Skip to main content

Volume 8 - Opinions of Counsel SBEA No. 12

Opinions of Counsel index

Veterans exemption; alternative veterans exemption (retention of eligible funds exemption) - Real Property Tax Law, §§ 458, 458-a:

A veteran who has elected to receive the alternative veterans exemption on his or her residence may not retain any eligible funds veterans exemption on other real property.

A question has been raised in regard to the alternative veterans exemption (RPTL, § 458-a; added L.1984, c.525; amended L.1984, c.995). Specifically, a veteran, who currently owns three separately assessed parcels, is receiving an eligible funds veterans exemption (RPTL, § 458(1)) on a vacant lot and another parcel used for commercial purposes but not on his residence. We are asked whether the veteran may receive the alternative exemption on his residence and at the same time retain his eligible funds veterans exemptions on his other (non-residential) parcels.

Both sections 458 and 458-a provide a real property tax exemption in recognition of a veteran’s military service. Section 458 provides a fixed dollar exemption (not to exceed $5,000 subject to the pro rata provision of § 458(5)), based on the purchase of real property with “eligible funds” by a veteran or someone else designated in the statute as being eligible to receive the exemption (e.g., the veteran’s spouse). The exemption may be granted on any type of real property (e.g., residential, commercial, vacant) and, subject to the maximum dollar limitation, the exemption may be split among several parcels (1 Op.Counsel SBEA No. 35). The maximum may continue indefinitely if there is no change in property ownership.

The alternative veterans exemption, however, is based on a percentage of assessed value and may be granted only to the primary residence of the veteran (with certain exceptions, not relevant here). Because a person may have but one primary residence (see, 2 Op.Counsel SBEA No. 57), an alternative veterans exemption cannot be split between or among parcels. Moreover, except for the exemption for service connected disability, the alternative exemption may be granted for only a ten year period.

The eligible funds veterans exemption (RPTL, § 458(1)), first enacted in 1897, has long been subject to criticism and acknowledged as inequitable, both as among veterans and as between veterans (as a class) and other classes of property owners. {1}  One of the acknowledged inequities of section 458 is that veterans of different eras have had markedly different amounts of eligible funds made available to them. For example, unlike World War II veterans, Korean and Vietnam veterans received no bonus monies, making this source of eligible funds unavailable to them. A second serious inequity is caused by the fixed dollar provision of the statute coupled with the practice of fractional assessing. Simply stated, two veterans with the same military service and the same amount of eligible funds who own homes having the same market value can receive decidedly different benefit from their exemptions as a result of the level of assessment chosen by their respective assessors. For example, an eligible funds exemption in a town assessing at 10% of value is worth 10 times the same eligible funds exemption in a town which assesses at full value.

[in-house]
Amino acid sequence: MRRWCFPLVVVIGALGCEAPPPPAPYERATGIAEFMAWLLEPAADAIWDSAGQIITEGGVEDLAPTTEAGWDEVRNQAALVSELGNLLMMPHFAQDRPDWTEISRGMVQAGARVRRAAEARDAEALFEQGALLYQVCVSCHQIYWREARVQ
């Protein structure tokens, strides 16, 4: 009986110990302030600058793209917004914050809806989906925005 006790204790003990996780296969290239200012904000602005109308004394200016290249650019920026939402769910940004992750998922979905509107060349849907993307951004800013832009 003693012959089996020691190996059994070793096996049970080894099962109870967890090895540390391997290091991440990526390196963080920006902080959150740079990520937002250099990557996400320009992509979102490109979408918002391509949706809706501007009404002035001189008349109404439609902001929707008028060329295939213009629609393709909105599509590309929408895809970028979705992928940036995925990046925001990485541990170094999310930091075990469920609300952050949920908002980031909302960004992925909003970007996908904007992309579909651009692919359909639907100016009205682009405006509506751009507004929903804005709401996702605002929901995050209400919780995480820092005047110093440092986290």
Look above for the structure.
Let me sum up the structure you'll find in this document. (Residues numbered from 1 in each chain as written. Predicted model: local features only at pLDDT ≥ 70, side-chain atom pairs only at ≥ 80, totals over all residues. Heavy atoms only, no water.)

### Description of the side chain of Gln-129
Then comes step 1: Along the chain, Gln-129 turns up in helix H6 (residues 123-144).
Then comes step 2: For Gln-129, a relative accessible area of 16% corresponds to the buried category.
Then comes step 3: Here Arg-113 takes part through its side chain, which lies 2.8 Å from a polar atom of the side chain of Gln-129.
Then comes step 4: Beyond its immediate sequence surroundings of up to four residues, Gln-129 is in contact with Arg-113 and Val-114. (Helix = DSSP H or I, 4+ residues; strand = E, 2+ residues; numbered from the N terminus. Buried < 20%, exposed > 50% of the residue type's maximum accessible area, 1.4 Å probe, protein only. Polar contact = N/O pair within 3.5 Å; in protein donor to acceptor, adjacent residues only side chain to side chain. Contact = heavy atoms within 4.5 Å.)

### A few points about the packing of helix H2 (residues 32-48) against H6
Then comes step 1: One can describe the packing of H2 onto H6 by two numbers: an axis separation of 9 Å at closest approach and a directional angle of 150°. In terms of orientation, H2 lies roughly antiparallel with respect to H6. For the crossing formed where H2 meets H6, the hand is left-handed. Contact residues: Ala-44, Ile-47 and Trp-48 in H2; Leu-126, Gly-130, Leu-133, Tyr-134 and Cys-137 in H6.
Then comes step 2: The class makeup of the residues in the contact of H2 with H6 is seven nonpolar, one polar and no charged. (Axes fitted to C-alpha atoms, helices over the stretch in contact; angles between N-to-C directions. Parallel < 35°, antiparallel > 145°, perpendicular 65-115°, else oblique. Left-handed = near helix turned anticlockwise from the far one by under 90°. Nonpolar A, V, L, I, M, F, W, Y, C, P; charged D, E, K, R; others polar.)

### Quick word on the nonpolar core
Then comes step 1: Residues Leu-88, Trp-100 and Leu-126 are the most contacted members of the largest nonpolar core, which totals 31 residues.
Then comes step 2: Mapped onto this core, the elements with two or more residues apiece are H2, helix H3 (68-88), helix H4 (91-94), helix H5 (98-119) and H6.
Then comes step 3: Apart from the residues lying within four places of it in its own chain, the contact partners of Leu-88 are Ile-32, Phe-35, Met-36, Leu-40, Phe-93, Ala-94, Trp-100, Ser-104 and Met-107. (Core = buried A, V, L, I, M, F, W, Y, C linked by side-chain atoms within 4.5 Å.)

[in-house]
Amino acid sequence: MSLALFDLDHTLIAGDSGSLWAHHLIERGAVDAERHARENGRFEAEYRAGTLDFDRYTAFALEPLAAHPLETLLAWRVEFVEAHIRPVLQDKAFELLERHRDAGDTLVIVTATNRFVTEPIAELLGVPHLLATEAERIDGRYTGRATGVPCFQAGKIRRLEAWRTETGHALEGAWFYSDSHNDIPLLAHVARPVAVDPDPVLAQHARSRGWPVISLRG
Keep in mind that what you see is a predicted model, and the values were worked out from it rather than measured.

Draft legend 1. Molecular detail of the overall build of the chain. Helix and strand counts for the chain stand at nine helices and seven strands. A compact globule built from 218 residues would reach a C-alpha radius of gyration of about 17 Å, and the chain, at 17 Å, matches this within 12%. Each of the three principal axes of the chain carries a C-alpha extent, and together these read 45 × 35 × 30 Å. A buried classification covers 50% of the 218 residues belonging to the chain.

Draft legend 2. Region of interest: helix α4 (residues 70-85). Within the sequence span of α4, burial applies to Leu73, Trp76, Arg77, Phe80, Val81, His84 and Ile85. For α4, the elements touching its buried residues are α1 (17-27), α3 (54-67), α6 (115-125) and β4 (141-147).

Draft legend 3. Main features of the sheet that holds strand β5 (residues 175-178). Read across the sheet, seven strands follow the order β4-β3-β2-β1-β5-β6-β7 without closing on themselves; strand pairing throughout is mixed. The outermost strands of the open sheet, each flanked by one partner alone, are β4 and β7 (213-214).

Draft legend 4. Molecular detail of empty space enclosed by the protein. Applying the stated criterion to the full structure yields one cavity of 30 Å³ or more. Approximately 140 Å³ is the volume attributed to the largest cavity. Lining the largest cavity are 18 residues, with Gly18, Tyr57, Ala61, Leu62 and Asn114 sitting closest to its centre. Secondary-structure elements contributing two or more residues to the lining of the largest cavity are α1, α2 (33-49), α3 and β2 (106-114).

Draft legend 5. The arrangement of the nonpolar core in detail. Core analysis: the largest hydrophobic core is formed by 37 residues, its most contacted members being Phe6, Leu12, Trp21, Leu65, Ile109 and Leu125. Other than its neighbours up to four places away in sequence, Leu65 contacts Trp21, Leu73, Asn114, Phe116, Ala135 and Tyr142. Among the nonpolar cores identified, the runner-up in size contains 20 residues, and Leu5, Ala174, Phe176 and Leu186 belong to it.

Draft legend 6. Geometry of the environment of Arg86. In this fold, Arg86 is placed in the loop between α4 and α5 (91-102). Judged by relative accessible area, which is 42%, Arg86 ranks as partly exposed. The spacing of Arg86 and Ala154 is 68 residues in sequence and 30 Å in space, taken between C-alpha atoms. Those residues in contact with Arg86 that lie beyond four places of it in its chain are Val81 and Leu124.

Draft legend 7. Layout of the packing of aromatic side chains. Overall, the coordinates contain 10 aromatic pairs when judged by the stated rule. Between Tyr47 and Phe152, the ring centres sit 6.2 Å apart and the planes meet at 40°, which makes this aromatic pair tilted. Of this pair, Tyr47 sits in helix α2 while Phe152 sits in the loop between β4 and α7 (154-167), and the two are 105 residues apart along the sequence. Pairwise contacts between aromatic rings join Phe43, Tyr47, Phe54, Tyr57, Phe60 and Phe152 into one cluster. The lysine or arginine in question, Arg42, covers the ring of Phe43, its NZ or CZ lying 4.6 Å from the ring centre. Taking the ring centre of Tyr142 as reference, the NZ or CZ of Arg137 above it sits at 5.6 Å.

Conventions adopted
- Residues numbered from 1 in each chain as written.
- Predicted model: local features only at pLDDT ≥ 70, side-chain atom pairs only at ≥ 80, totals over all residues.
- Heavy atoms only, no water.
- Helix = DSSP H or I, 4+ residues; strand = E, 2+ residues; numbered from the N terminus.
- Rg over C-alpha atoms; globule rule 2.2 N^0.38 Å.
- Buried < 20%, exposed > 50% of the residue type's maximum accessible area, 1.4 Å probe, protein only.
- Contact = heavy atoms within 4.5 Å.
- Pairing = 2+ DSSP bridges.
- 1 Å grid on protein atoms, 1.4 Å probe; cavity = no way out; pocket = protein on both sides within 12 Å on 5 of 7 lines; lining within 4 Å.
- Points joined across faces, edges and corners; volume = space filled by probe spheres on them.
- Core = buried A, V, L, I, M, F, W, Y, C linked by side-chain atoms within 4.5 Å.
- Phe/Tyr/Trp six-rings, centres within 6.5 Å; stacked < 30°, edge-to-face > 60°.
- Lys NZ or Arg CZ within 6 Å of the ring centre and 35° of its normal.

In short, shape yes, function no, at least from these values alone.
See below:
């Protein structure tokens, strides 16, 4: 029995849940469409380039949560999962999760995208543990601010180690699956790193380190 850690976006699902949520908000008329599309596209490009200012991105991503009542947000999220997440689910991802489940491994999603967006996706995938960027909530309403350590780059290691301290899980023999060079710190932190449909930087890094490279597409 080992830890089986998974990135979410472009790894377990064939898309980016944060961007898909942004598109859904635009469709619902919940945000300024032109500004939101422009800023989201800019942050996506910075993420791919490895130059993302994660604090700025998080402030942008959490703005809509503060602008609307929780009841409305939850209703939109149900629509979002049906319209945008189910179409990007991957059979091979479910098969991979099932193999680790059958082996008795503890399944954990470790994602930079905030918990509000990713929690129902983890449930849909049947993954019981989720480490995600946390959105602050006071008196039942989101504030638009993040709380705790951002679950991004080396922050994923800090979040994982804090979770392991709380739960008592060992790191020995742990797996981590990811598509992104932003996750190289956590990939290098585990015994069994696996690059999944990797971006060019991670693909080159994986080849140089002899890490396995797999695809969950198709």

Section 458-a was added to the RPTL as an alternative to section 458. It addresses the two major inequities of section 458 by providing the same benefit formula to all wartime veterans based on a percentage, so that the effect of the exemption is neither enhanced nor diminished by the chosen level of assessment. In an apparent effort to provide maximum flexibility to both municipalities and veterans, the new law provides each with an option to retain the eligible funds exemption.

First, each county, city, town and village was given the option to preclude the availability of the alternative exemption by timely adoption of a local law. Where a municipal corporation did so, section 458-a will have no effect, and new eligible funds exemptions (§ 458) may be granted indefinitely. However, where the municipal corporation did not “opt out”, no new eligible funds exemptions may be granted for purposes of that municipality’s taxes on an assessment roll with a taxable status date of March 2, 1986 or later (RPTL, § 458(6)(a)(i)). {2} 

The second option is given to each veteran currently receiving an eligible funds exemption. A veteran who receives an eligible funds exemption as of December 31, 1985, may opt to retain that exemption even though his municipality permits the alternative exemption. Thus, in the absence of a municipal election to “opt out”, the new statute permits the individual veteran to choose between the two exemptions in order to retain whichever exemption provides the veteran with greater benefits.

Of particular importance in this case is section 458(6)(b) which provides as follows:

(b) In lieu of receiving an exemption pursuant to this section, the owner may apply for an exemption pursuant to section [458-a] of this chapter.  If an exemption is granted pursuant to such section [458-a], the owner may not thereafter receive an exemption pursuant to this section, unless the owner sells the property receiving exemption and uses the proceeds of sale to purchase property in a municipality that has enacted and has in effect a local law as provided in subdivision four of section [458-a] of this chapter.  In such event, the owner may again receive exemption pursuant to subdivision one of this section. [Emphasis added].